The evolution of the e-commerce industry has been a hot topic over the past two years. Many investors will attribute the sector’s growth to the influence of companies like Amazon (NASDAQ:AMZN), Alibaba (NYSE:BABA), and even Facebook (NASDAQ:FB). As the world bore witness to the e-commerce surge, the media spent much of this time alleging that brick-and-mortar stores are on the brink of extinction. While some aspects of this argument are justified, traditional retail stores are not going to disappear altogether, as some have forecasted. Brands that we love will be around for a long time, even if e-commerce stores offer more variety and convenience.
Looking at the big picture, it’s not a matter of ousting traditional retail or e-commerce retail. It’s not one or the other. It’s a matter of learning to accept the advantages of both industries and learning to leverage the best of both. Doing so is fundamental to the future of both industries.
Brick-and-Mortar Retail vs. E-commerce Retail: A Debate
When something goes wrong, it’s natural to look for a source to blame. And the popular narrative surrounding the closure of brick-and-mortar retail stores is that e-commerce sites are behind it. Of course, this isn’t a complete fallacy. It’s true that e-commerce sites are at an advantage, as they do not have geographical limitations and they enable group buying, deals, and bargains. Plus, these sites get low prices that, frankly, traditional retail stores can’t compete with.
However, that doesn’t mean brick-and-mortar stores aren’t learning from this, nor does it mean that they haven’t done anything to counter it. In fact, companies like Canon (NYSE:CAJ) have halted the selling of its products on various websites because of the price disruption. Same goes for Adidas AG (OTCQX:ADDDF), a German Sports Goods company that has banned dealers from selling its products on websites like Amazon.
Speaking of Amazon, we can’t ignore the influence the platform has had on traditional retail stores. In 2017, Amazon claimed 53.5% of the total online retail market, according to Forbes. One year later, Jeff Bezos’s company had even more influence, claiming 54.1% of the total market. Most likely this is because 44% of online shoppers say Amazon is their first stop when visiting e-commerce sites. It’s not the only place to go, though. As of 2018, almost 25% of business owners sell products through Facebook.
These numbers are daunting. At first glance, it looks like the traditional retail sector is done for. Stats don’t lie and nor do facts: e-commerce sites offer things that brick-and-mortar stores don’t have. Or do they?
Don’t Give Up on Traditional Retail Stores Just Yet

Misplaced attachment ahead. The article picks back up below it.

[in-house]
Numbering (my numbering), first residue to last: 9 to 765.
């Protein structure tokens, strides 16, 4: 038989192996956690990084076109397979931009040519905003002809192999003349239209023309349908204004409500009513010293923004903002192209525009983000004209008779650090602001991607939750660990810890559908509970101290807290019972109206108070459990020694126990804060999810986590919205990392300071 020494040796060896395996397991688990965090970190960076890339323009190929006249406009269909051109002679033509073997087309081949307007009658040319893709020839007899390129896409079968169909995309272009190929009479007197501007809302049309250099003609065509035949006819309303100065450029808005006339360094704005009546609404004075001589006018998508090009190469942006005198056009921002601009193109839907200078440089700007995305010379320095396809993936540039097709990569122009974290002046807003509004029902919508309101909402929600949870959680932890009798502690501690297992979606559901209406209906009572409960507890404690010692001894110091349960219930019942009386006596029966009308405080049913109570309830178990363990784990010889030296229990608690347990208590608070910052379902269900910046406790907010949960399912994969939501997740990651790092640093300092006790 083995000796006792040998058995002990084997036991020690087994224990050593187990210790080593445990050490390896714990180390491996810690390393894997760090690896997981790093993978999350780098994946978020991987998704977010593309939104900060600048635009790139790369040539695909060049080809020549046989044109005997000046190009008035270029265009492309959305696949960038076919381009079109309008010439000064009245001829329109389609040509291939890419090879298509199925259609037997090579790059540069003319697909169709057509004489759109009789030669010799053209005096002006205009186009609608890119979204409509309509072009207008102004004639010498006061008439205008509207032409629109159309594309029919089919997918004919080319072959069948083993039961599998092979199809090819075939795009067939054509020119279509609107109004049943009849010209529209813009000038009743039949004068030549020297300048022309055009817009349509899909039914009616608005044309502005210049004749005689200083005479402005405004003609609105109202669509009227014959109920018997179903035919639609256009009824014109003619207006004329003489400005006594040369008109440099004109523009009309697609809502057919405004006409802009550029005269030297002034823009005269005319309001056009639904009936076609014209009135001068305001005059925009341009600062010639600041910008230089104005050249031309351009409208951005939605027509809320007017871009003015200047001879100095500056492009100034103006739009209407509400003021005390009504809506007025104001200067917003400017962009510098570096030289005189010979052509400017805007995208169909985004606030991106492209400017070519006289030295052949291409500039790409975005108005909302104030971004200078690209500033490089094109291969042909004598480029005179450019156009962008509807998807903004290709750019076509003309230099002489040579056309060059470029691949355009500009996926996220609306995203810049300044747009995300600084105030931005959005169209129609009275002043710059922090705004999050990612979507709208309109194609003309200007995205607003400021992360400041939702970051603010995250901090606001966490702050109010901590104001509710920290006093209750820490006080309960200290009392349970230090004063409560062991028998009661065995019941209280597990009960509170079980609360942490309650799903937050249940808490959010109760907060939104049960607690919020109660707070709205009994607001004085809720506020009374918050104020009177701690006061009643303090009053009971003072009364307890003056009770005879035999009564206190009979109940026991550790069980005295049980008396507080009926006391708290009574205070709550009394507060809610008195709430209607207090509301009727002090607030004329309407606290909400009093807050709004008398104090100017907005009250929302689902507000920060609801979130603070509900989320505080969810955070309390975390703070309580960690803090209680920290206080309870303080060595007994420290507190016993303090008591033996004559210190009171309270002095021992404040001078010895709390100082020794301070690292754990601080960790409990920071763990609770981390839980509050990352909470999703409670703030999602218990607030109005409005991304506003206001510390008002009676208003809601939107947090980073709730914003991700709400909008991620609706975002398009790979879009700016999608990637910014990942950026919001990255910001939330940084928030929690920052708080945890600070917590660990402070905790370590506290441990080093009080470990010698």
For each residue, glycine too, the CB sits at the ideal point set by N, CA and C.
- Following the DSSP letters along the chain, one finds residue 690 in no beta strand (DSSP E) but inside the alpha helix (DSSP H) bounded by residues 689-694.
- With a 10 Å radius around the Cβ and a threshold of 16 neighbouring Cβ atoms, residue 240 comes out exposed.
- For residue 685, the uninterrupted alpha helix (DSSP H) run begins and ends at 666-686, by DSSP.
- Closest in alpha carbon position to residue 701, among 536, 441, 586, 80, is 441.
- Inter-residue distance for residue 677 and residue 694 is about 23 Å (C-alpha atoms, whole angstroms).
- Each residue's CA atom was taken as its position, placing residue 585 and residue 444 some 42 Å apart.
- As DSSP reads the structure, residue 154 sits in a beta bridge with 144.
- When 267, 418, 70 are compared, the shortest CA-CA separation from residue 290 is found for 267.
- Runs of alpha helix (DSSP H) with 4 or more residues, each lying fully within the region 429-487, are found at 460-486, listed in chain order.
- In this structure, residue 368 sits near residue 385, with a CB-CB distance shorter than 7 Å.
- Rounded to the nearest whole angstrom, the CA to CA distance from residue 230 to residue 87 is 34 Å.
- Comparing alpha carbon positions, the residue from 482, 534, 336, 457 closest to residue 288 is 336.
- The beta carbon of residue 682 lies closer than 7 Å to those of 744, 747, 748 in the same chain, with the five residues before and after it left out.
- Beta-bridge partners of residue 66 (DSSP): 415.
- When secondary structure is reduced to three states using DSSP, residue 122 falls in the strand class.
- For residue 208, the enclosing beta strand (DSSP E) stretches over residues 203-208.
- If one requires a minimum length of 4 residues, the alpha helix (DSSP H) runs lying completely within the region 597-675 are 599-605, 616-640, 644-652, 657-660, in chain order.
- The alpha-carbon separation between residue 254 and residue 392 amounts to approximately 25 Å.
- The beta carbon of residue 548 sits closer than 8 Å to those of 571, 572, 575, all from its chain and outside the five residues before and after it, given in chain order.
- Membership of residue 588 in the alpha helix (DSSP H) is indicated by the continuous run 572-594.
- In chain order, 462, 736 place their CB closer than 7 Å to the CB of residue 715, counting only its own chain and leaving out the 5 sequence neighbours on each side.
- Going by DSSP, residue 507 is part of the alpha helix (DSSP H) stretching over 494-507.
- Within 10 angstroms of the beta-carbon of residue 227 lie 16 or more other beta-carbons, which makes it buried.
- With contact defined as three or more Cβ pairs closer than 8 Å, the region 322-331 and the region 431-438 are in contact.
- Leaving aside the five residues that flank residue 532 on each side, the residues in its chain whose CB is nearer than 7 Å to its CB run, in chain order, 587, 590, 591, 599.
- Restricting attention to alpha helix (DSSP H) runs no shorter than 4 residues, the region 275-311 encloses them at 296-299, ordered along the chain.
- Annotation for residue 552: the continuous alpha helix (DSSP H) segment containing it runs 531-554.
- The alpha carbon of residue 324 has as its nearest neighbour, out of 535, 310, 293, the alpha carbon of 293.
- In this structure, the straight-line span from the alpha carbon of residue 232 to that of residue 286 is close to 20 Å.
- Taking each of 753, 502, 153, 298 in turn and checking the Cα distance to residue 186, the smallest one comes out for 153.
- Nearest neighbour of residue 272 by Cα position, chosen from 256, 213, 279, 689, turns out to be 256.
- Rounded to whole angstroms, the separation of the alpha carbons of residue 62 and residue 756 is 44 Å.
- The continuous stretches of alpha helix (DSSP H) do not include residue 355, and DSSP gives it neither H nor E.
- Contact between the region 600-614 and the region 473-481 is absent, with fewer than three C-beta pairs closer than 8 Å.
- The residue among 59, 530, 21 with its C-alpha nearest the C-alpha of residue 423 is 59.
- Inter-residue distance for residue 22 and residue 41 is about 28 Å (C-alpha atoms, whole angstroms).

To grow, we have to be challenged, or else we would never push our boundaries. And that’s exactly what companies like Amazon and Alibaba have done over the past few years: challenged.
By increasing their presence in the online retail market, Amazon and Alibaba have forced brick-and-mortar stores to take a long, hard look in the mirror. Because online shoppers have expressed interest in, for instance, the convenience of e-commerce sites and the prices that go with them, physical stores have learned that it’s essential to keep an eye on these prices. Last year, in North America, physical stores accounted for roughly 90% of all retail sales.
With these figures and with e-commerce sites pushing physical stores to evolve to the desire for online shopping, it’s hard to argue that traditional retail will go extinct. Those who argue this are not only forgetting that brick-and-mortar stores can use the growth of the e-commerce industry to evolve themselves, but that e-commerce platforms are also opening up physical stores. Again, we look to Amazon.
The Perfect Blend
Amazon understands that the future of the retail sector is blended. The probability of someone only shopping online or in physical stores is low. Knowing this, Amazon has since poured money into opening brick-and-mortar stores. In 2015, Amazon opened Amazon Books and, in 2018, Amazon Go. And then there’s Amazon’s purchase of Whole Foods, allowing the e-commerce platform to own more than 450 physical stores in three different countries.
Of course, some may argue that it’s just as worrying that e-commerce platforms are buying physical stores as it is that these stores may completely disappear in the next decade. With that, however, I pose a question: why is it OK for smartphone brands to act as several things in our lives, from our banks to facilitating our social lives, but it’s worrying for there to be a blend between physical and online shopping?
It’s all about looking at the big picture. Sure, e-commerce sites have several advantages over brick-and-mortar stores; but so does the latter over sites like Amazon in terms of customers trusting real-time purchases more. But the debate about whether brick-and-mortar is on the brink of death or not must, itself, be put to death. To grow, we need to be challenged, and we need to work together. We also need to accept that sometimes there needs to be a blend of industries.
Featured image: DepositPhotos